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Exelon Corporation (EXC): Should Investors Buy This Utility Company?

Exelon Corporation (NYSE:EXC)Investors pick utility stocks for one main reason; how much dividend they yield. In the beginning of 2013, when Exelon Corporation (NYSE:EXC) slashed its dividend, it lost investors’ faith, and its stock price depreciated more than 17% in the last year. Moreover, with the price of natural gas at its all time low, things turned worse for the nuclear giant. Let’s try to sum up what to expect from the company in the long-run.

How bad is it?

Exelon Corporation (NYSE:EXC) is the largest nuclear energy producing company in the U.S. Thus, it’s easy to gauge that falling natural gas prices affected the company badly. Nuclear plants are capital intensive, and the way in which their reactors work, it isn’t easy to stop production whenever it’s desirable. On the other hand, setting up natural gas plants is less capital intensive, and with low natural gas prices, electricity production cost was at its all time low, making things worse for Exelon Corporation (NYSE:EXC).

Exelon was further affected by lower capacity prices broadcasted in May. This announcement also does not bode well for the company. The increase in the price of power is low due to simple economics: increased supply because of more competition from new gas-fired generation, and waning demand due to little increase in demand for power because of the slow economy and augmented imports.

Exelon Corporation (NYSE:EXC) is affected more by weak PJM capacity prices, as it has approximately 65% of its deregulated task force positioned in the PJM grid area. PJM now receives more power supply from the nearby grids, which rules out the need for new power plants in that area. That means lower capacity revenue for the deregulated power generators like Exelon in that area.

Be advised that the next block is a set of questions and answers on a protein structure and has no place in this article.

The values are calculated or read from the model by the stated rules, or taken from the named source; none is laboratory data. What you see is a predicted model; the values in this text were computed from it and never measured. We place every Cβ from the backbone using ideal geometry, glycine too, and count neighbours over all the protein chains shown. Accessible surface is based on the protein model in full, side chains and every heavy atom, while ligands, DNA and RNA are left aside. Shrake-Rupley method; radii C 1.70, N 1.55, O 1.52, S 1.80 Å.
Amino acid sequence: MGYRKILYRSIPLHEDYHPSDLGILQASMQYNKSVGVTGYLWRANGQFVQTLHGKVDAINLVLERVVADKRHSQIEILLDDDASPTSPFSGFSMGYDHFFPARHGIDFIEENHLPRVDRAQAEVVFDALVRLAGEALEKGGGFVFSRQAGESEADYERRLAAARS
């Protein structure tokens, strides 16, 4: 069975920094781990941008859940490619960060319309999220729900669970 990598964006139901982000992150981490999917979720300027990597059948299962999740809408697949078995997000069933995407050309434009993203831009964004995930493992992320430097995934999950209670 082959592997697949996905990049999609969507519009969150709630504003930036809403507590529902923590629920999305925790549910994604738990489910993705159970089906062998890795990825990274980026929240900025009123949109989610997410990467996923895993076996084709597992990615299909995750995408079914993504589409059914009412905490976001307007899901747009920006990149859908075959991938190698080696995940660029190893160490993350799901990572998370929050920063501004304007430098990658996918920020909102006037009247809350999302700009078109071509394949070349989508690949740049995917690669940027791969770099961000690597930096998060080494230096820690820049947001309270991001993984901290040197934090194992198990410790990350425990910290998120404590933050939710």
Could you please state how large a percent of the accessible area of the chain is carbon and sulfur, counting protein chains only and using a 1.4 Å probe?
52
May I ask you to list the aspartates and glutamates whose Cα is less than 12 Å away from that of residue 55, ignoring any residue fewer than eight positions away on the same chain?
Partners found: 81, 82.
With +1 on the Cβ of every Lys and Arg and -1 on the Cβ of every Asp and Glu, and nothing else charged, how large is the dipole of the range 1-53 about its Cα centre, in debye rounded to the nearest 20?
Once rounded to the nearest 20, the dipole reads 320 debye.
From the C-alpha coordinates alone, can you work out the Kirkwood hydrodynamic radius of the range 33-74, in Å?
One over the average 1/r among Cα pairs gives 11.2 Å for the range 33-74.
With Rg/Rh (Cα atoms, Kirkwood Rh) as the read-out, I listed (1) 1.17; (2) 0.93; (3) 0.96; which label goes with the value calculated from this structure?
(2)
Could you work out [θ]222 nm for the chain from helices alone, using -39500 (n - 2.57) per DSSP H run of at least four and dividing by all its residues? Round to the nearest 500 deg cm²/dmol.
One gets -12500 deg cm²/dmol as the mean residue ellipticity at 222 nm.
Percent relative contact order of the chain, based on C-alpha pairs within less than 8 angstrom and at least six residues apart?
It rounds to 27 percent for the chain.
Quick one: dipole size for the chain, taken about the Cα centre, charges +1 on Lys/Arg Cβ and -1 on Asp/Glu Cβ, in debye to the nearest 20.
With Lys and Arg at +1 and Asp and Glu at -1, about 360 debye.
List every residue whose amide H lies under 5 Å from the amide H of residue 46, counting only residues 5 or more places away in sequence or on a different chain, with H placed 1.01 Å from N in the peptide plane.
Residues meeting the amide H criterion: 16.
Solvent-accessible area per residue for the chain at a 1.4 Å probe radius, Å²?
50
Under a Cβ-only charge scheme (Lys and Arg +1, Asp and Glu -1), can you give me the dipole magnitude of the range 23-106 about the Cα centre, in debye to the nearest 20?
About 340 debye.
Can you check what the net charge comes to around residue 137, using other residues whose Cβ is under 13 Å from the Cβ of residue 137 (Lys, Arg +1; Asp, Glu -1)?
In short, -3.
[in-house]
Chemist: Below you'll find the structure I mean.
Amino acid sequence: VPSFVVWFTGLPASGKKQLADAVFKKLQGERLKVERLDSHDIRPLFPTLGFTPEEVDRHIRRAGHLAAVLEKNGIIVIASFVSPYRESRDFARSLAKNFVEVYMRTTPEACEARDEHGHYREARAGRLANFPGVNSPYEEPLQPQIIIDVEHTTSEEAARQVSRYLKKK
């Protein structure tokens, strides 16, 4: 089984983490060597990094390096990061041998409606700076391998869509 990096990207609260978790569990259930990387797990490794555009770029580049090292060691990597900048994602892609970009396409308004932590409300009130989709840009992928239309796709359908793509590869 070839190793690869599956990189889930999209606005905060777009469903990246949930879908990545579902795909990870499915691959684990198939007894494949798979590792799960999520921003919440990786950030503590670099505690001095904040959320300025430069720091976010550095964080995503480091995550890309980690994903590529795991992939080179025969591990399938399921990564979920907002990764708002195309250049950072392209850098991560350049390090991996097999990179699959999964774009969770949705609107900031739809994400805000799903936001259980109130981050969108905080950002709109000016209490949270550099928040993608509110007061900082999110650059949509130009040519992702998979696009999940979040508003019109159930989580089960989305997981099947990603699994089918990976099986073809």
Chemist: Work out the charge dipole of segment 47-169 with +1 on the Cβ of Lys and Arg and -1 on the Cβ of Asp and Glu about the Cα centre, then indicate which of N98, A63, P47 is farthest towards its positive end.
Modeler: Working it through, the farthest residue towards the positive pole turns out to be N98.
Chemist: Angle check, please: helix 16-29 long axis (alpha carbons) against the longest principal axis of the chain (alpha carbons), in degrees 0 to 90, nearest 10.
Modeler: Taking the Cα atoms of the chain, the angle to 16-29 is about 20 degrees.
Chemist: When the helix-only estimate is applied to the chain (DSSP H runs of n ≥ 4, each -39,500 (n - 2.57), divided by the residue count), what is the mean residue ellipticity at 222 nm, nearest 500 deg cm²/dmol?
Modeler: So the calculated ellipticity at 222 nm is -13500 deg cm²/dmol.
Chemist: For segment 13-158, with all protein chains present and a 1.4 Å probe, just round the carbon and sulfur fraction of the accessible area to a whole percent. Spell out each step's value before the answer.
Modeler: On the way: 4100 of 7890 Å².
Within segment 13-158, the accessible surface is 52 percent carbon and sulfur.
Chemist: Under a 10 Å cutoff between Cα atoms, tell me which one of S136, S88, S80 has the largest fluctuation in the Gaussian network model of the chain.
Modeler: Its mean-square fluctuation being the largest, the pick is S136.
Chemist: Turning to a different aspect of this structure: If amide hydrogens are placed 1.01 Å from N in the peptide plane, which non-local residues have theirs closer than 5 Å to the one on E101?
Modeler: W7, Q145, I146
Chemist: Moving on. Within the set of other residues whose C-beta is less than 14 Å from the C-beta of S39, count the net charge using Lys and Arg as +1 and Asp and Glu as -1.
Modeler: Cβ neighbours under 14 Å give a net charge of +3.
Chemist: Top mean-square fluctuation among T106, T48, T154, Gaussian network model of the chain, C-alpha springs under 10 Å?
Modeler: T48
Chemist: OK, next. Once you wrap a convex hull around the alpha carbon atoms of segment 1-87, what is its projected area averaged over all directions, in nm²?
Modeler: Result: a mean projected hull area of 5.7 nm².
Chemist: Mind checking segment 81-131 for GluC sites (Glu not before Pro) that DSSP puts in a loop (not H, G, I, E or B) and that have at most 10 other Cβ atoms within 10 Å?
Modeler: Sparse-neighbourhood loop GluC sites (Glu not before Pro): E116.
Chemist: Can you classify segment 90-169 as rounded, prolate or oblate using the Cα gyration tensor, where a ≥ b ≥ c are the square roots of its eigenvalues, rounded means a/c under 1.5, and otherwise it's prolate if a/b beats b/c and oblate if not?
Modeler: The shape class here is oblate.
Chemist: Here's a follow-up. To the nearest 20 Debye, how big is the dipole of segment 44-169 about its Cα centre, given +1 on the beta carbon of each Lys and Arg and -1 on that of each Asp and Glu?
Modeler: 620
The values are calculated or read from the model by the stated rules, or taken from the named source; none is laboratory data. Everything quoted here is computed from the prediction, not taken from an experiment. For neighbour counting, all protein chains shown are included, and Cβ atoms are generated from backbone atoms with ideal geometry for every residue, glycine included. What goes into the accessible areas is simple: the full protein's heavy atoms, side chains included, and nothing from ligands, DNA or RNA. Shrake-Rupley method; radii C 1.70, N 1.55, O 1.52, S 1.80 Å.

As I mentioned earlier, utility stocks remain attractive as long as they yield high dividends, but as bond yields increase, it will negatively affect utility companies. Bonds just return a fixed interest income with minimal chance of loss of capital, and as Exelon has depreciated significantly over the last four years, it makes sense that people would prefer investing in bonds. Currently, the 10-year bond yield stands at 2.55% compared to 1.63% in May, making bonds, in general, more attractive.

Into the numbers

As utilities are known for impressive dividends, Exelon Corporation (NYSE:EXC) is doing fairly well in that regard, as it is currently yielding about 4%. However, it is comparatively lower than what other players in the industry are yielding. PPL Corporation (NYSE:PPL) currently has the best yield of 4.8%, followed by The Southern Company (NYSE:SO) and Duke Energy Corp (NYSE:DUK) with a dividend yield of 4.5% and 4.4%, respectively.

Although Exelon Corporation (NYSE:EXC) seems to manage a decent yield compared to its peers, when we dig a little deeper into the figures, we find it’s struggling badly to match up to its peers. Exelon currently earns a return on equity of 4.5%, while peers PPL Corporation (NYSE:PPL), Southern Company and Duke Energy Corp (NYSE:DUK) are well ahead with 13%, 11% and 7% return, respectively. Further, Exelon’s profit margins are at its all time low at 4%, while on the other hand PPL Corporation (NYSE:PPL), The Southern Company (NYSE:SO) and Duke Energy Corp (NYSE:DUK) have maintained strong profit margins of 13%, 12%, and 10% respectively.

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